Week 10 Blog

Description: Activity: The students will come up with a story. They will then find/take three pictures to represent the beginning, middle, and end with no caption. Students will comment on each other pictures guessing or making up a story that makes sense with the pictures provided. Assessment: Students will be given an iPad with pictures that are out of order. Students must put the images in order. This will be checked as an informal assessment and then once it is in the right order students will be able to do a voice recording over the pictures to tell the story.

SOL: 2.8 The student will read and demonstrate comprehension of fictional texts. a) Make and confirm predictions. b) Relate previous experiences to the main idea. c) Ask and answer questions about what is read. d) Locate information to answer questions. e) Describe characters, setting, and important events in fiction and poetry. f) Identify the problem and solution. g) Identify the main idea. h) Summarize stories and events with beginning, middle, and end in the correct sequence. i) Draw conclusions based on the text. j) Read and reread familiar stories, poems, and passages with fluency, accuracy, and meaningful expression.

Learning outcome: Using pictures on iMovie the student will be able to correctly identify the beginning, middle, and end of a story in the correct sequence with 90% accuracy.

Technology: Instagram, iPads/iMovie

Pedagogy: Story telling, connecting pictures and text, ordering

Content: Summarize and identify beginning, middle, and end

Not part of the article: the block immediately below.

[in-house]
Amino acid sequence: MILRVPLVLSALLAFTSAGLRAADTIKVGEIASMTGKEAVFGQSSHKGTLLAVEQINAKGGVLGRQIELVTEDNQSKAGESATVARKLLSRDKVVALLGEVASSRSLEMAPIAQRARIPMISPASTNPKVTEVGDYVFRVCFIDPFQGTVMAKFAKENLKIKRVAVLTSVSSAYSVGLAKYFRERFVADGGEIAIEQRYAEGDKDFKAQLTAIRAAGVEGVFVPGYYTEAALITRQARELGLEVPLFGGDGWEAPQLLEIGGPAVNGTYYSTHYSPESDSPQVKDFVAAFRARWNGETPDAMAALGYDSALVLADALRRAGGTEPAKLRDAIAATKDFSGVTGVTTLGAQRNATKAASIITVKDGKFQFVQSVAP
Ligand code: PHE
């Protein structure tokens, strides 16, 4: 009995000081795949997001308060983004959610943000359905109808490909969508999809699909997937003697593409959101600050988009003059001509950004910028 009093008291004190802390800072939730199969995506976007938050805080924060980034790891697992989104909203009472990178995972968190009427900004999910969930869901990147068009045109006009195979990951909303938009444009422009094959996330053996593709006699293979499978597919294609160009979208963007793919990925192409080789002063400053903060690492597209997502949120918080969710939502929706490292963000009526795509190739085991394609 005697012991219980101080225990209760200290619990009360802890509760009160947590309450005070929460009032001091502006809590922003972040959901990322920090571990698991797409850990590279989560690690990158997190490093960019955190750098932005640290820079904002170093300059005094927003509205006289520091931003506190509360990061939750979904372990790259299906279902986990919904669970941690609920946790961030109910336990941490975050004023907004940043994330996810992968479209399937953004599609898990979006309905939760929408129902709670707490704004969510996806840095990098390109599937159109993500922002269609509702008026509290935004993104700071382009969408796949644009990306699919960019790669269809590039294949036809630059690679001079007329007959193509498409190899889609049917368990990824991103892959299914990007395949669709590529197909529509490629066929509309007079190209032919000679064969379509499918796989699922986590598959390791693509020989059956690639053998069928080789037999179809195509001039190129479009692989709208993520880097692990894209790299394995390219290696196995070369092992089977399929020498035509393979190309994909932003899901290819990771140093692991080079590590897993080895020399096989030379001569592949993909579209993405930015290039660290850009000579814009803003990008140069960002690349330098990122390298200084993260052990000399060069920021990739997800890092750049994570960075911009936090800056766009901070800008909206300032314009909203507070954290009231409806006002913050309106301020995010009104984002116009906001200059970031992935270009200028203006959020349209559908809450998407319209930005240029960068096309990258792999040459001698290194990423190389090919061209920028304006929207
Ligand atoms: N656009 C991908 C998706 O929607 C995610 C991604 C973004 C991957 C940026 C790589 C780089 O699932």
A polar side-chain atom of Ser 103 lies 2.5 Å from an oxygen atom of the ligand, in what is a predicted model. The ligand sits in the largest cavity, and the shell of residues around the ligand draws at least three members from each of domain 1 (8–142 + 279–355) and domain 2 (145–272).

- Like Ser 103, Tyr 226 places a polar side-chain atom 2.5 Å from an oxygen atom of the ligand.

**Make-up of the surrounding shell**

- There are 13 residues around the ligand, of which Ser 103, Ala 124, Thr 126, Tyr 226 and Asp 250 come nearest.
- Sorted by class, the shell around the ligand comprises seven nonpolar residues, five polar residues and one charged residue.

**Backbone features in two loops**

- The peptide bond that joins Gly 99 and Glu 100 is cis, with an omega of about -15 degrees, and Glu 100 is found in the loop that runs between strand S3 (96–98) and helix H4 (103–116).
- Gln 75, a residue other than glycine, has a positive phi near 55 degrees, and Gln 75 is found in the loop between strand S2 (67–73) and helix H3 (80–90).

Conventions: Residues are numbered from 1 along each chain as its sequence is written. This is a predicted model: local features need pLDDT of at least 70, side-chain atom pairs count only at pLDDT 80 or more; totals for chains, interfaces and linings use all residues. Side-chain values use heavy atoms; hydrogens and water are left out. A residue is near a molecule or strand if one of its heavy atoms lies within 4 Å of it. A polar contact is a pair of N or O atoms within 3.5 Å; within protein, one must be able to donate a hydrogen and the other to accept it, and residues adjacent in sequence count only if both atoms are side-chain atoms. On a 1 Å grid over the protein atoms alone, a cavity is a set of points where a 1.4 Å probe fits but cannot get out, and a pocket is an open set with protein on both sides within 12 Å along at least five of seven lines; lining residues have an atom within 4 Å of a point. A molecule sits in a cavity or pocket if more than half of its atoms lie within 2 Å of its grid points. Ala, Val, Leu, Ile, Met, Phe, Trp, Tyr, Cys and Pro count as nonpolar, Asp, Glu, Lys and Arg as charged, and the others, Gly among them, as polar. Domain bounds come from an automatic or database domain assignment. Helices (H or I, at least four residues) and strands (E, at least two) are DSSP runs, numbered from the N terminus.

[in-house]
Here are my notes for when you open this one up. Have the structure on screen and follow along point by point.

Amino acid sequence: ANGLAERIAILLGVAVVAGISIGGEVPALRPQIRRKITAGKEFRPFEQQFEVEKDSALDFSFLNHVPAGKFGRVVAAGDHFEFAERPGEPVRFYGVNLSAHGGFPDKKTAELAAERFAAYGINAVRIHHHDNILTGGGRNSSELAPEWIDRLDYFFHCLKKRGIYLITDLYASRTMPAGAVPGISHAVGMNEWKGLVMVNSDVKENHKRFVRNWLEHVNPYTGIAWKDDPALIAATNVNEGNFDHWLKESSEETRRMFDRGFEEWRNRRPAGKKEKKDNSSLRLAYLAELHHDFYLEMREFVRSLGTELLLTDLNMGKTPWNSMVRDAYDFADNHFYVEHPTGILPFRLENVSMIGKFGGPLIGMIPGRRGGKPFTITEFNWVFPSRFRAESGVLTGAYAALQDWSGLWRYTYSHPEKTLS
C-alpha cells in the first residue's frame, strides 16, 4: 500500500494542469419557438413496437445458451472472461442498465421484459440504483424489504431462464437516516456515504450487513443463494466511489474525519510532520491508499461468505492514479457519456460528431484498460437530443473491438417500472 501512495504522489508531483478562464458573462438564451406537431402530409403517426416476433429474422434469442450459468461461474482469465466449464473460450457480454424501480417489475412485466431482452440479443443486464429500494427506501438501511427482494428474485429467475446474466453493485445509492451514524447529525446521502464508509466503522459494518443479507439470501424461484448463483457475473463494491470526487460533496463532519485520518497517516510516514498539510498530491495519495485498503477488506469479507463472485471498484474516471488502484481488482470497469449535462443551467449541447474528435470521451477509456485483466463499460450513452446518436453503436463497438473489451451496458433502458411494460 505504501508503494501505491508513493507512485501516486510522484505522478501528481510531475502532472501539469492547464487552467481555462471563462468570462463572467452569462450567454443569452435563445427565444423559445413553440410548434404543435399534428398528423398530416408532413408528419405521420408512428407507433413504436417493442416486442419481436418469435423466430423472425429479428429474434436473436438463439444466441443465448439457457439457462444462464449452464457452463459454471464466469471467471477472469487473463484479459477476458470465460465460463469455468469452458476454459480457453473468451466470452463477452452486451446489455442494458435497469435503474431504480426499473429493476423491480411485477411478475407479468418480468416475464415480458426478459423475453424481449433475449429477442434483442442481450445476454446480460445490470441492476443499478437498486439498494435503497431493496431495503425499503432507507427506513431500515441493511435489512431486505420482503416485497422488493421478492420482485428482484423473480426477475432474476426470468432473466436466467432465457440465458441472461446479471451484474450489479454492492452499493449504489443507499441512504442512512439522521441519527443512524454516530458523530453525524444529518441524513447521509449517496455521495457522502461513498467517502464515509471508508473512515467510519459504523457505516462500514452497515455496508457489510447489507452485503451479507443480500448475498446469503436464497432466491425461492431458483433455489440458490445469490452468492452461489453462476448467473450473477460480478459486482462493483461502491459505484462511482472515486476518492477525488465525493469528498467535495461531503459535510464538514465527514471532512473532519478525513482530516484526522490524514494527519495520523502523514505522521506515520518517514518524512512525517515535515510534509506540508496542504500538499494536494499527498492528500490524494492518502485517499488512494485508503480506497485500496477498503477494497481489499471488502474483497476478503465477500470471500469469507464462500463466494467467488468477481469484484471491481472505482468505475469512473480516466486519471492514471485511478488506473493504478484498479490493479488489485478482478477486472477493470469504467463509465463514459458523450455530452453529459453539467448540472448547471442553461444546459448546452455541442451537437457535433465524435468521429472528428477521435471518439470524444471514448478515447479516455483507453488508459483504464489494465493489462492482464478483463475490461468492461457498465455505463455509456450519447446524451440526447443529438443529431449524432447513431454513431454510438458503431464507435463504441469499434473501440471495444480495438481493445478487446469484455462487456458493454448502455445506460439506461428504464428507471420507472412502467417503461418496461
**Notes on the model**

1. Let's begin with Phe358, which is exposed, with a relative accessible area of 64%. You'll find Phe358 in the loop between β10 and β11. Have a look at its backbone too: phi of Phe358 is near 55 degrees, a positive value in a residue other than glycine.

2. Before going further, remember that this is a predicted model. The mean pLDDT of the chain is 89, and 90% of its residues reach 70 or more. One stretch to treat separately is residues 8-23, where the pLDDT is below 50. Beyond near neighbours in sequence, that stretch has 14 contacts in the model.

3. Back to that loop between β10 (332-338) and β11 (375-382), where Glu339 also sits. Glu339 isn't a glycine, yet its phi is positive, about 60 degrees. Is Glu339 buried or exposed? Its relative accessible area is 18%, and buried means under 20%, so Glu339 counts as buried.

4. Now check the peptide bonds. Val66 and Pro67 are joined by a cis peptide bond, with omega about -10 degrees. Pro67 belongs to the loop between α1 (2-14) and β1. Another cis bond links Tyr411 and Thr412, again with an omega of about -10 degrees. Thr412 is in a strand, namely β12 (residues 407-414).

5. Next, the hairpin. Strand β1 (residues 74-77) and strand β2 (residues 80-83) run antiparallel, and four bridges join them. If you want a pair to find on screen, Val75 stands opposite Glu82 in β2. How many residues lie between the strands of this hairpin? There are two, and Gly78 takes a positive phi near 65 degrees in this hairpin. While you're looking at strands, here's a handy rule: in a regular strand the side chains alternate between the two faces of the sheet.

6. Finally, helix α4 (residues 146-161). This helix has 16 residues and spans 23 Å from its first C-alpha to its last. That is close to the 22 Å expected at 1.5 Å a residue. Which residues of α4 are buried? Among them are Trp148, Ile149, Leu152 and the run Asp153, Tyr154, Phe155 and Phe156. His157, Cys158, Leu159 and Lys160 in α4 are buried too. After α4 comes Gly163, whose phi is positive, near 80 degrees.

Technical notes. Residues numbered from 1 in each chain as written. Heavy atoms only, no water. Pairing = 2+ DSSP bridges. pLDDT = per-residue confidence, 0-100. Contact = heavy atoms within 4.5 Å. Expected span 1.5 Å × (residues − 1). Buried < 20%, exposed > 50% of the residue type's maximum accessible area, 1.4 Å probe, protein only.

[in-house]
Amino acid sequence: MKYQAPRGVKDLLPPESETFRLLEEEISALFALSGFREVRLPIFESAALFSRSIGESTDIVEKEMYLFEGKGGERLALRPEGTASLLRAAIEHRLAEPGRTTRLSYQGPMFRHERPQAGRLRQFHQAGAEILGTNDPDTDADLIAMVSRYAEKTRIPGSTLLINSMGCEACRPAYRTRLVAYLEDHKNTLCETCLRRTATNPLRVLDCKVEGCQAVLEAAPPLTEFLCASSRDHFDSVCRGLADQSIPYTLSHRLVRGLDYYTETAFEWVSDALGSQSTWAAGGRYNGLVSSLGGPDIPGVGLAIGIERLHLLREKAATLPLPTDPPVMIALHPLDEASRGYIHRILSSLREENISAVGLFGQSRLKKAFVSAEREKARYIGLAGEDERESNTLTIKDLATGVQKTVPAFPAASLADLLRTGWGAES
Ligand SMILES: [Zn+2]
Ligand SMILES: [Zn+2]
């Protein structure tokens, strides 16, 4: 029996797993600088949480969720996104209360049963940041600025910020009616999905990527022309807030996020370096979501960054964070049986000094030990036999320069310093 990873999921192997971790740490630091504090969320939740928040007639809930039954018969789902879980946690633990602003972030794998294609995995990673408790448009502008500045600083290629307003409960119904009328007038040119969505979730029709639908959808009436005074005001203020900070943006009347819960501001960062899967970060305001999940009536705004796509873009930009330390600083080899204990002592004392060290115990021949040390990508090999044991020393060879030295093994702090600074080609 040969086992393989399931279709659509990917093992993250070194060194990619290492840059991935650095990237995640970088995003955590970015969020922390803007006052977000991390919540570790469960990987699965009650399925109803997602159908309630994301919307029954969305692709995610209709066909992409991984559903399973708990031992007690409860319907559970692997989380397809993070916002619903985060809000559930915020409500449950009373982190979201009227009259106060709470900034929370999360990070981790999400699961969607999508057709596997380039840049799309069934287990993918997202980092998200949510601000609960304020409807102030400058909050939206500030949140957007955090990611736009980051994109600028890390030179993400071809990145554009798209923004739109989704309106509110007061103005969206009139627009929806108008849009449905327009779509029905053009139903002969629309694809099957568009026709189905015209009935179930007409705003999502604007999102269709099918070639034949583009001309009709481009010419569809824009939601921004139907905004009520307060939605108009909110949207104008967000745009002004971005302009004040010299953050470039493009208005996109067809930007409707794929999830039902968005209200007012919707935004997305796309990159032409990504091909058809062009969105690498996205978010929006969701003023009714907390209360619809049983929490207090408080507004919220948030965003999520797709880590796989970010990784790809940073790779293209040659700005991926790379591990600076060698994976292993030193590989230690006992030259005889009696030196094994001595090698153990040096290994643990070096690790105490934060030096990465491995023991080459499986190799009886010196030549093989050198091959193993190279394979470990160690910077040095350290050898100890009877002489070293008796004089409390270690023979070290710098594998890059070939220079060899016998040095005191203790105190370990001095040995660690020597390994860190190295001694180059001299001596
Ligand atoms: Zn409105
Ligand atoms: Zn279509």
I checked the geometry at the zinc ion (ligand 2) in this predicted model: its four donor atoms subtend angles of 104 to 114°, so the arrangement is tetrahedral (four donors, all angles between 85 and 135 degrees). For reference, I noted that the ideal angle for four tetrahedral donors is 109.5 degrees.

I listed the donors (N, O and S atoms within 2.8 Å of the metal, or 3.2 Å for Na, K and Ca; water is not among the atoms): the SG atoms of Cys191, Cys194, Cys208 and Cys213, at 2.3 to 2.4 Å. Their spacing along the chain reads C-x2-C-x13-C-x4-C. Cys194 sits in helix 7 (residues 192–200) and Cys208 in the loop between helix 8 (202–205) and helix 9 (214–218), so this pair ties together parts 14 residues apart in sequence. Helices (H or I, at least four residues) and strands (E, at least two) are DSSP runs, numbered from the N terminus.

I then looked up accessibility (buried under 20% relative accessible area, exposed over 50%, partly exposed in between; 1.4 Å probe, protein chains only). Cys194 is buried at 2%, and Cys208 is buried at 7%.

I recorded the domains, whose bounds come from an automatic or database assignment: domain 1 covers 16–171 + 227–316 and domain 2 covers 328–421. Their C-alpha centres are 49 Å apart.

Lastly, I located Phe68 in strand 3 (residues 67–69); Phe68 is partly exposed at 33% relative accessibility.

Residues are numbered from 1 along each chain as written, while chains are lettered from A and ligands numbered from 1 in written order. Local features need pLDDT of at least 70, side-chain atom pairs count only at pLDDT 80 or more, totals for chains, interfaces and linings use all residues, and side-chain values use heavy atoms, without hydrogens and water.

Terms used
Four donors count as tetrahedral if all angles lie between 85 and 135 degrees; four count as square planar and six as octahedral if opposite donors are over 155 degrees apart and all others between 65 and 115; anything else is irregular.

TPK: Instagram allows multiple pictures so put in a fixed order those pictures can tell a story. iMovie on iPads allows for pictures to be put in different order so the students can order the pictures to tell a story.

PCK: Students are able to identify the beginning, middle, and end through ordering and connecting pictures and text.

TCK: Instagram allows multiple pictures per post to show order (beginning, middle, and end) and iPads allow for students to manipulate the order to put the events in the correct order.

One thought on “Week 10 Blog

  1. I think this is a great activity for teaching story sequence and it really gets students thinking about different stories that can be told through pictures, as well as text! This reminds me of an activity that I did with my students last semester focusing on story sequence, where I had them create a digital story. The students created a storyboard on paper before using the application StoryBird to develop the story digitally with both captions and pictures. Another pedagogical strategy that could be used is doing a Reader’s Theatre or acting out a story, filming it, and sharing it with the class. Other technologies that could be used include WeVideo, Power Director, or VideoShow, which are similar to iMovie and great applications for developing, editing, and manipulating digital stories.

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